Ethanolaminephosphate cytidyltransferase is essential for survival, lipid homeostasis and stress tolerance in Leishmania major

Somrita Basu, Mattie Pawlowic, Fong-Fu Hsu, Geoff Thomas, Kai Zhang.

This article is a preprint and has not been certified by peer review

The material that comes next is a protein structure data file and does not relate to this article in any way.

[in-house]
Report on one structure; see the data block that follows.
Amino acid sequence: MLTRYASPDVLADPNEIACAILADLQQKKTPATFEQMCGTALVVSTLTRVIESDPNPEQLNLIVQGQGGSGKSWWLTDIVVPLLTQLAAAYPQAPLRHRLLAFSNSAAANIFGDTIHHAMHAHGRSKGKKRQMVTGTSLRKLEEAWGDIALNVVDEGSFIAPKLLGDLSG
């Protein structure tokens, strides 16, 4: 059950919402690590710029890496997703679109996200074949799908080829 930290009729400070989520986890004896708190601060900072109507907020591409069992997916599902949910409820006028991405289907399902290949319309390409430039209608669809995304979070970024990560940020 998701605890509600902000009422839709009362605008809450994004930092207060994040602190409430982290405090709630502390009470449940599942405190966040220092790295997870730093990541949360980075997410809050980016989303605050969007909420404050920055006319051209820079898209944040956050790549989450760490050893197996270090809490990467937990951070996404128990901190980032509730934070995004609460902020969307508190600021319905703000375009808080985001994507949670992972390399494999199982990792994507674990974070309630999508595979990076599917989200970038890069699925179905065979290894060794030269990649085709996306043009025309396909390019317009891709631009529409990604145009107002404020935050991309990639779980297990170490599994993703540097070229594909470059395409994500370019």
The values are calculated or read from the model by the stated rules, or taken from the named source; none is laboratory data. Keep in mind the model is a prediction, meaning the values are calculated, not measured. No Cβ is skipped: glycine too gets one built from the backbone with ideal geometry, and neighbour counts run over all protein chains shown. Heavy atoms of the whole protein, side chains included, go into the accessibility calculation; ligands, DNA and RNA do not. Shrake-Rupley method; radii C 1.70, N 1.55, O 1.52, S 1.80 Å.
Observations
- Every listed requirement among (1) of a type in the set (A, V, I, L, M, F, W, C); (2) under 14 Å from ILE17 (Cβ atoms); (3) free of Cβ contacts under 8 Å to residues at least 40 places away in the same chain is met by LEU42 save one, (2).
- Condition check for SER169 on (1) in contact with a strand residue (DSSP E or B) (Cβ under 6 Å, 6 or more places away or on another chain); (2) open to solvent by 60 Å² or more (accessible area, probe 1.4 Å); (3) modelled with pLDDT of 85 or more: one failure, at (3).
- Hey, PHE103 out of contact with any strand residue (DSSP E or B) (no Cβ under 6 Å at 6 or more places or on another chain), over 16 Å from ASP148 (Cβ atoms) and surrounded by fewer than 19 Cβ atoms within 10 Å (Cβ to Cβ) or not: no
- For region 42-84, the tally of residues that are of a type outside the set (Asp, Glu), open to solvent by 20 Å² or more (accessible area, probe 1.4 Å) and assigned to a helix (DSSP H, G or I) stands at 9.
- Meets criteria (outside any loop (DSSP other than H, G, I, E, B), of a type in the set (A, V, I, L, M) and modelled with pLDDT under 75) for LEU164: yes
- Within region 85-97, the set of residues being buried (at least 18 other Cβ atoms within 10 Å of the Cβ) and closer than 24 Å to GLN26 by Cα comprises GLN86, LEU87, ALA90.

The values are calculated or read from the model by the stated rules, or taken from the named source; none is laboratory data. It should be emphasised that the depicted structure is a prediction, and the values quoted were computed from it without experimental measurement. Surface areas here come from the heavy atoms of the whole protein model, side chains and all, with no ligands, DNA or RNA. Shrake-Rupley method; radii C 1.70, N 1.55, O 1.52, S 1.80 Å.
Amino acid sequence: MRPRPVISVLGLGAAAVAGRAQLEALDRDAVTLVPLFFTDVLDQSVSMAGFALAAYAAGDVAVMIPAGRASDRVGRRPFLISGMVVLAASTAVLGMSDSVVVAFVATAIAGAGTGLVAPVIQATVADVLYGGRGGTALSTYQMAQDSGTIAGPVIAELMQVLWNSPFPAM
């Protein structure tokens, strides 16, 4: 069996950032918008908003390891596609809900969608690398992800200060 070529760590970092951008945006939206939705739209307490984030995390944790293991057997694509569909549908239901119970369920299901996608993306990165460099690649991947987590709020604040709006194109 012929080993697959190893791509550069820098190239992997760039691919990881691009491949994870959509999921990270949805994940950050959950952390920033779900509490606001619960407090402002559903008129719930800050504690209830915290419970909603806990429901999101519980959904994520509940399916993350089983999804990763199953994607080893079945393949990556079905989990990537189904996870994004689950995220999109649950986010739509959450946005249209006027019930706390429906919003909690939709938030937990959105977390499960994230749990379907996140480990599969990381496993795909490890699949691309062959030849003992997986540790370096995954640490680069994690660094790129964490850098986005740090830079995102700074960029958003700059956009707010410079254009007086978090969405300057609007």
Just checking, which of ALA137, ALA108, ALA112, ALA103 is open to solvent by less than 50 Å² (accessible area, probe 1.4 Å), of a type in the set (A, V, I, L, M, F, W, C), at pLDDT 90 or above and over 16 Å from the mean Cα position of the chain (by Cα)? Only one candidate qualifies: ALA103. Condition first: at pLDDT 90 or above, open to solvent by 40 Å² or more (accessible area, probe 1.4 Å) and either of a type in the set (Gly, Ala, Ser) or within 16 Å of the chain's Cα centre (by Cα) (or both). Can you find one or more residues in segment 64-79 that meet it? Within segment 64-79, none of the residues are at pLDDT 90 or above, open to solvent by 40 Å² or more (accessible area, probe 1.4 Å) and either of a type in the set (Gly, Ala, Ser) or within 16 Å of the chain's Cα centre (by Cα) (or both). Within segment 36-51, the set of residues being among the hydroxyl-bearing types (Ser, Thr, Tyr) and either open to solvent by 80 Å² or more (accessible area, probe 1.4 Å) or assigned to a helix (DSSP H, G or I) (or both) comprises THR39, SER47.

Glycerophospholipids including phosphatidylethanolamine (PE) and phosphatidylcholine (PC) are vital components of biological membranes. Trypanosomatid parasites of the genus Leishmania can acquire PE and PC via de novo synthesis and the uptake/remodeling of host lipids. In this study, we investigated the ethanolaminephosphate cytidyltransferase (EPCT) in Leishmania major, which is the causative agent for cutaneous leishmaniasis. EPCT is a key enzyme in the ethanolamine branch of the Kennedy pathway which is responsible for the de novo synthesis of PE. Our results demonstrate that L. major EPCT is a cytosolic protein capable of catalyzing the formation of CDP-ethanolamine from ethanolamine-phosphate and cytidine triphosphate. Genetic manipulation experiments indicate that EPCT is essential in both the promastigote and amastigote stages of L. major as the chromosomal null mutants cannot survive without the episomal expression of EPCT. This differs from our previous findings on the choline branch of the Kennedy pathway (responsible for PC synthesis) which is required only in promastigotes but not amastigotes. While episomal EPCT expression does not affect promastigote proliferation under normal conditions, it leads to reduced production of ethanolamine plasmalogen or plasmenylethanolamine, the dominant PE subtype in Leishmania. In addition, parasites with epsiomal EPCT exhibit heightened sensitivity to acidic pH and starvation stress, and significant reduction in virulence. In summary, our investigation demonstrates that proper regulation of EPCT expression is crucial for PE synthesis, stress response, and survival of Leishmania parasites throughout their life cycle.